tony

  3. #3

    Default

    As I learn more about the sim, I still feel that if DTG stick with it by fixing bugs and adding features, it will have strong appeal with first timers. I say this again, but as an old flight sim timer, I feel that some folks in the simming community have become too impatient, radical, and at times too dismissive of anyone or any new product that does not meet their narrow view. On the other hand, I must emphasize the fact that FSW is still an infant, and it's not for those who have been living with P3d. Pd3 has a good following, and perhaps it's the one to beat in the future.
    Let me go back to FSW and my discoveries.

    I used TrackIR and the program quickly and easily recognized it. It was a pleasure to fly with it. The Seneca has two big engines on either side which prevent good side view visibility. The TrackIR makes looking around these engine during an approach so much fun and realistic.

    Some people complained that yaw control is touchy on these aircrafts. I am speaking strictly about the Seneca, and I must say that initially it was tough controlling the aircraft without going from side to side during takeoff.
    I now have full control of the aircraft, and it's like the real thing. You've got to keep the rudders going back and forth, ever so little, in order to maintain directional control during the initial roll.
    I can't emphasize enough the fact that I think DTG got this right.


    Ps. The sound of these engines if one the best.

    tony
    Last edited by tce; 06-19-2017 at 09:22 AM.

  4. #4

    Default

    Oddly enough, the view controls are the same as in FSX+A, FSX:SE...
    S: for category
    A: for view within category
    Bill Leaming
    Gauge Programming - 3d Modeling Military Visualizations
    Flightsim.com Panels & Gauges Forum Moderator
    Flightsim Rig: Intel Core i7-2600K - 8GB DDR3 1333 - EVGA GTX770 4GB - Win7 64bit Home Premium
    Development Rig1: Intel Core i7-3770k - 16GB DDR3 - Dual Radeon HD7770 SLI 1GB - Win7 64bit Professional
    Development Rig2: Intel Core i7-860 - 8GB DDR3 Corsair - GeForce GTS240 1GB - Win7 64bit Home Premium
    NOTE: Unless explicitly stated in the post, everything written by my hand is MY opinion. I do NOT speak for any company, real or imagined...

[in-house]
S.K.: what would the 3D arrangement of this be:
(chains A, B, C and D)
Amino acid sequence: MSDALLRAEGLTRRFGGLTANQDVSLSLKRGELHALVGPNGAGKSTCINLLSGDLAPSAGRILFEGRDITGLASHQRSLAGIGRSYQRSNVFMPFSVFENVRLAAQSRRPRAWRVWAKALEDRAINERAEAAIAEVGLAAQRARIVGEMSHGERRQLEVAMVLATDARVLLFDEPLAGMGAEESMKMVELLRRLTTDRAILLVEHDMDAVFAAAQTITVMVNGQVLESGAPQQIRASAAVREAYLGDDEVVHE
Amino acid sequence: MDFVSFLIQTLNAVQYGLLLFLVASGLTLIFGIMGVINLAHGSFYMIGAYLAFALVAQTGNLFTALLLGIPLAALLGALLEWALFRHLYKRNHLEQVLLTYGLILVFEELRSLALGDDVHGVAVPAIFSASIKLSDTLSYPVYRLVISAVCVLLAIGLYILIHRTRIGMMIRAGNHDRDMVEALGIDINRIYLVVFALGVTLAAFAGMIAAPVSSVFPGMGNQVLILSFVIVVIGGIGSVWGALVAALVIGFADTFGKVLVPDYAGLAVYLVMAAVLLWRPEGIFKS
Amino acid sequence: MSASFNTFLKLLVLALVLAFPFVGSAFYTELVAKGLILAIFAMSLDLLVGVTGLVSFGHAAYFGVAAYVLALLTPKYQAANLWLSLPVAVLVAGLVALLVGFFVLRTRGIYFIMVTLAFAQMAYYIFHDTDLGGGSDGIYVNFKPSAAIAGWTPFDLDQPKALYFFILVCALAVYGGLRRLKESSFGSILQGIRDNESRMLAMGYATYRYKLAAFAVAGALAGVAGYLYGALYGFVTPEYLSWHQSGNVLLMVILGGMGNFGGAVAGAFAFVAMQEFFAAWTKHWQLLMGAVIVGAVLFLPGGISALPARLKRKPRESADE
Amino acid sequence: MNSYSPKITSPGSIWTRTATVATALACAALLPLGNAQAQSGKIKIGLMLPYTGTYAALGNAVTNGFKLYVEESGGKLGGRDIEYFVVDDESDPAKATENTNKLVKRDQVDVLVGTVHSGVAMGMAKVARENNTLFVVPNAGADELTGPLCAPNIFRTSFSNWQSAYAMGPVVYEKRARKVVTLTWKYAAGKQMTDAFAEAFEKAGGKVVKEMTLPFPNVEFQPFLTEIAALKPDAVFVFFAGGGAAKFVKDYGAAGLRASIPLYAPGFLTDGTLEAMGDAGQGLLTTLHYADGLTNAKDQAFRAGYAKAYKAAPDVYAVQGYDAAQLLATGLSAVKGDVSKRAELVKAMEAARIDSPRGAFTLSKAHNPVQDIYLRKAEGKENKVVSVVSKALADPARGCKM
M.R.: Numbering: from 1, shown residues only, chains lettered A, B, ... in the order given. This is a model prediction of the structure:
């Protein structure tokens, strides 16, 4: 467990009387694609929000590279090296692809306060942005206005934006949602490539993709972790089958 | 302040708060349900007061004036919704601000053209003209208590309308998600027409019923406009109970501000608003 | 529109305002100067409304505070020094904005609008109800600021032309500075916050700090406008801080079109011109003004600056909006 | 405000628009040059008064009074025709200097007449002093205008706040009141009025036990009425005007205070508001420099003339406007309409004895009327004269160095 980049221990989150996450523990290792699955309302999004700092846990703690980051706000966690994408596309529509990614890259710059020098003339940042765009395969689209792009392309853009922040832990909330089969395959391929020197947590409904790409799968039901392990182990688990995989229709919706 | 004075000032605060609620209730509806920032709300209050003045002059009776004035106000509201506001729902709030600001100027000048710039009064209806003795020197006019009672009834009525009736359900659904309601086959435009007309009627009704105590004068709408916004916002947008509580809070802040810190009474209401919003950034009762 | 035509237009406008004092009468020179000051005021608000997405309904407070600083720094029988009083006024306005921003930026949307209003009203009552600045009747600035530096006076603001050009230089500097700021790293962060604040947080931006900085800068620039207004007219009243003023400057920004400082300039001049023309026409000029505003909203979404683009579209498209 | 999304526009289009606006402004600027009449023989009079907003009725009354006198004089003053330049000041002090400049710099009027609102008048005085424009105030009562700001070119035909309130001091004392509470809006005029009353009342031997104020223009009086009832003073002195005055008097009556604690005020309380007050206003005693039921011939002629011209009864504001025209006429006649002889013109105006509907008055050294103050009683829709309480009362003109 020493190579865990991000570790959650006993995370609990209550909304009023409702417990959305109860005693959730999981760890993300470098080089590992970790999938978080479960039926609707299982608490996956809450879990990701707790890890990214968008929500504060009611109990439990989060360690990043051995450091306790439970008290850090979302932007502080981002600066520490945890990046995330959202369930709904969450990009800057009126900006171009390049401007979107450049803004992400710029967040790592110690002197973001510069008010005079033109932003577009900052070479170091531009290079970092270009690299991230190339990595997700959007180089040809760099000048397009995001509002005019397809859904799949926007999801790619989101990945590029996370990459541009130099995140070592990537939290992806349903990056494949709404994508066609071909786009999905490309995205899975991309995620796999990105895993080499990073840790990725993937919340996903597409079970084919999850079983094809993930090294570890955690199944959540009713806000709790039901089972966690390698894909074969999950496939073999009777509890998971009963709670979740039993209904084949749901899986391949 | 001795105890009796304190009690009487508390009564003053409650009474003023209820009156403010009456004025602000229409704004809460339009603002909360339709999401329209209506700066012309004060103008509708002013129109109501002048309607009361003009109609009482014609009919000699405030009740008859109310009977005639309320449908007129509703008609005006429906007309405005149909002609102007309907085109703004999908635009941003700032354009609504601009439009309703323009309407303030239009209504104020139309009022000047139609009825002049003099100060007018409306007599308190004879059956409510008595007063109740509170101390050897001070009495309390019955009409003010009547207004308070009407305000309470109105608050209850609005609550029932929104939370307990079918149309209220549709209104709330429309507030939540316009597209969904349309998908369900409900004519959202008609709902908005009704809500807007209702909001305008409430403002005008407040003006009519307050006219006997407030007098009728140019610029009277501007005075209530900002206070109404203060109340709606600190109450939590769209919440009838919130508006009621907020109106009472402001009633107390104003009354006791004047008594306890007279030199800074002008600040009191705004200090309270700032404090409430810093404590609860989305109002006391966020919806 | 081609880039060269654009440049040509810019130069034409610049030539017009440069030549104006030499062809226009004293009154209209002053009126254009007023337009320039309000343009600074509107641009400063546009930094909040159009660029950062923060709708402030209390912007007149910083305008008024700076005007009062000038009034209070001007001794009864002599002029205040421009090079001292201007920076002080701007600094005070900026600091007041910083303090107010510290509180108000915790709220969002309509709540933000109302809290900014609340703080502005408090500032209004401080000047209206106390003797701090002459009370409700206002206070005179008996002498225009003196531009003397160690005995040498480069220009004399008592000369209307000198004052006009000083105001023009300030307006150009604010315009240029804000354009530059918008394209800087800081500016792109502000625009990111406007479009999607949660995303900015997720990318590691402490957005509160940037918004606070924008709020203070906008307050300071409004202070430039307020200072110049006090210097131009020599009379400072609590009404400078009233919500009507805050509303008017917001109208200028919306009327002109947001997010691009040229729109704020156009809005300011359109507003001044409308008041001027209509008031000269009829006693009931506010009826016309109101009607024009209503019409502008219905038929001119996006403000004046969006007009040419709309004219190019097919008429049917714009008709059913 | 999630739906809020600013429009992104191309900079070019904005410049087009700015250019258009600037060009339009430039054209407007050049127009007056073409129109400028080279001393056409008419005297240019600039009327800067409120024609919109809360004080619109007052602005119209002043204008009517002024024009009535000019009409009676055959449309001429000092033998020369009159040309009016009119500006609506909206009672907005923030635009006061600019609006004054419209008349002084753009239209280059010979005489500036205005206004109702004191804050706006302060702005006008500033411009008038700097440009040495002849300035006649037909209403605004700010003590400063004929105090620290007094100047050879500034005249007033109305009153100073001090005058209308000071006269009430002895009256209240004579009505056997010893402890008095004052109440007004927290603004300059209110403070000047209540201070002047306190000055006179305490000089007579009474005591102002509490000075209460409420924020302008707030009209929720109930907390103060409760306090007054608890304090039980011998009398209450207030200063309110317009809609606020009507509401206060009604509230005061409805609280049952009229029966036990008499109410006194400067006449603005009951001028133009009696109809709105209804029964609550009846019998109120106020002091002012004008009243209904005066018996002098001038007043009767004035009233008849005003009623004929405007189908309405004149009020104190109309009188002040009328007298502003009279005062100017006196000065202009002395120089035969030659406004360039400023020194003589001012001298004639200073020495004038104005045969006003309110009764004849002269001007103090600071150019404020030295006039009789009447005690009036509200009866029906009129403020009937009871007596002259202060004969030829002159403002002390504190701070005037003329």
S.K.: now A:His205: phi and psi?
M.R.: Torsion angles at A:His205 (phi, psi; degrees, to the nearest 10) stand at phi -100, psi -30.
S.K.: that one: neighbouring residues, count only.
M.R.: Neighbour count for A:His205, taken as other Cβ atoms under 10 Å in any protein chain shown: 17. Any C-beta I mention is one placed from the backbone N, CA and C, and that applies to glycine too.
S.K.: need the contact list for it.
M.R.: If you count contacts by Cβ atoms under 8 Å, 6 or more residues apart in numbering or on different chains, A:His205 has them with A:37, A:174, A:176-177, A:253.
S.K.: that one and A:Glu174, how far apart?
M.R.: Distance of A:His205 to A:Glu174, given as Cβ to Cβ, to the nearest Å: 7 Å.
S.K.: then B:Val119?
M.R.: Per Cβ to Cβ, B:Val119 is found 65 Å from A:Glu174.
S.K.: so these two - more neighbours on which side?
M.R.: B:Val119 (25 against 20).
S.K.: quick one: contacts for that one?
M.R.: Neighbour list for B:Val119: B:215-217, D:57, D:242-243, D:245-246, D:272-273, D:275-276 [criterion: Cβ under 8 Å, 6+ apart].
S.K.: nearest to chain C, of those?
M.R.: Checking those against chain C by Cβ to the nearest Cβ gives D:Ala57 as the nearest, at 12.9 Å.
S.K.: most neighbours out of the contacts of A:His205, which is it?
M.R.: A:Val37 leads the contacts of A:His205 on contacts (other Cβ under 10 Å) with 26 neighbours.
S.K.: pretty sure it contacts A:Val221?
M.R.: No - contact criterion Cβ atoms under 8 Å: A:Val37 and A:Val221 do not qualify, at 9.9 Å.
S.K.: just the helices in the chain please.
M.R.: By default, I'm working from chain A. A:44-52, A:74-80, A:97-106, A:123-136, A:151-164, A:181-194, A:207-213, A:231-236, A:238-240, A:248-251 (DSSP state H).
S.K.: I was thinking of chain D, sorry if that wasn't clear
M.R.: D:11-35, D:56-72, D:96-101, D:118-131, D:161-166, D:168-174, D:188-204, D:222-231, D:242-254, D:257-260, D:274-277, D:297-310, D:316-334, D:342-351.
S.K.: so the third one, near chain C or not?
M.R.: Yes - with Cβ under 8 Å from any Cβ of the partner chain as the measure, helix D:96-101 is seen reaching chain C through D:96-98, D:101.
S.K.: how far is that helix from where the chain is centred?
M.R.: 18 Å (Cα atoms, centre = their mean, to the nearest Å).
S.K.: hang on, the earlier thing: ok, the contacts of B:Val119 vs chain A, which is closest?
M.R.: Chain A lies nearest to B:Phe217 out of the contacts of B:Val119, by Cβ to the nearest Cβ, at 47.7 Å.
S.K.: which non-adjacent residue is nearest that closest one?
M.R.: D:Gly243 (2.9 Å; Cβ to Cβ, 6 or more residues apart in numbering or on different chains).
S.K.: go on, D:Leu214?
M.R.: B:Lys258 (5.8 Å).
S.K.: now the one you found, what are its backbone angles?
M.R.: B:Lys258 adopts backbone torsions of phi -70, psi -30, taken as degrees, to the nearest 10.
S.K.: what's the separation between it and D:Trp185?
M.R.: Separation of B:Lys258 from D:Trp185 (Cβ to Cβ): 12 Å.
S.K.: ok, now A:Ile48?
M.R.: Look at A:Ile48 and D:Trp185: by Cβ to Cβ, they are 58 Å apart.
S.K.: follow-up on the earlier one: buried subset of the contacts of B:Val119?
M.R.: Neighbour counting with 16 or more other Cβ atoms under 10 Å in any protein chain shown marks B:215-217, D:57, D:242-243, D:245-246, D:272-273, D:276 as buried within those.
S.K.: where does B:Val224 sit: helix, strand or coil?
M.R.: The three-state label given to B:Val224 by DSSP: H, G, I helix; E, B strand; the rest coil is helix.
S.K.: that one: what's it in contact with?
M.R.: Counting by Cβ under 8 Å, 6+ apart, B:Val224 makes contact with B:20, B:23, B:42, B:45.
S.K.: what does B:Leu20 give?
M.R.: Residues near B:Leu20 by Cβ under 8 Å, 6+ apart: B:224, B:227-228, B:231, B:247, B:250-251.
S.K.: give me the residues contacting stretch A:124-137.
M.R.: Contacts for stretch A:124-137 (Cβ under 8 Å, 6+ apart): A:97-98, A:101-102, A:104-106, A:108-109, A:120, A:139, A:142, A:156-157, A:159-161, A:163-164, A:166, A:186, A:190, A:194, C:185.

5. #5
    Join Date
    Mar 2005
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    Default

    Quote Originally Posted by tce View Post

    With this view I feel I am in the cockpit, viewing the most critical and beautiful moment in the approach as I am able to get the top and front view of the aircraft's nose. Nice.
    tony
    As an XP user (most of the time), I have to admit that the cockpits look great in FSW.

  6. #6

    Default

    As with any new sim, sometimes we are quick to judge. Maybe it's my old age, but I enjoy exploring new and old features in a new sim.
    And in FSW, there are many FSX features that I had forgotten about.
    The one that I resurrected is the "OPACITY" or Transparency of the pop up panels.
    As in an earlier post, I remarked on how nice it is to have only the view of the airplane nose, especially when coming in for a landing.
    The problem with this is that basic information, such as airspeed, altitude and vertical speed are missing.
    Well, as soon as I re-discovered that pop up panels can be set to different degrees of transparency, I was all set.
    As the image shows, I've made the pop up transparent, so when I am on the approach, I get the best of both worlds. The beauty of this is that by simply moving the mouse, I can focus or defocus the pop up.
    Incidentally, I am not in any way trying to sell FSW.
    I purchased it, as I have purchased all the other sims, and am giving it the benefit of the doubt until I no longer have a reason to do so.
    In my opinion, I consider $25.00 a good selfish investment in the evolution of our hobby.
    Heck, the market is small, so I need to have a different attitude than simply knocking that which does not fit my idea of what I want.
    Click image for larger version. 

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    tony
    Last edited by tce; 06-20-2017 at 08:53 AM.

  7. #7
    Join Date
    Nov 2006
    Location
    Salinas, CA
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    Default

    Hi,
    When referring to FSX I'm curious as to what "environmental factors and aircraft physics" you're referring to. I agree that vertical terrain is poorly modeled but I don't see any improvement in FSW.
    As far as gauge visibility I simply pan down. In FSX I have the trigger button set to return my view to looking forward. When I'm driving I look down to see the speedometer and then return to looking down the road. I don't process much information about what my eyes pass over between the two views. Feels pretty much the same in FSX. I'm a bit surprised that with TrackIR you even thought of messing with the opacity. If the FSW scenery ever approaches the quality of what was in MS Flight I'll re-visit.
    Jim F.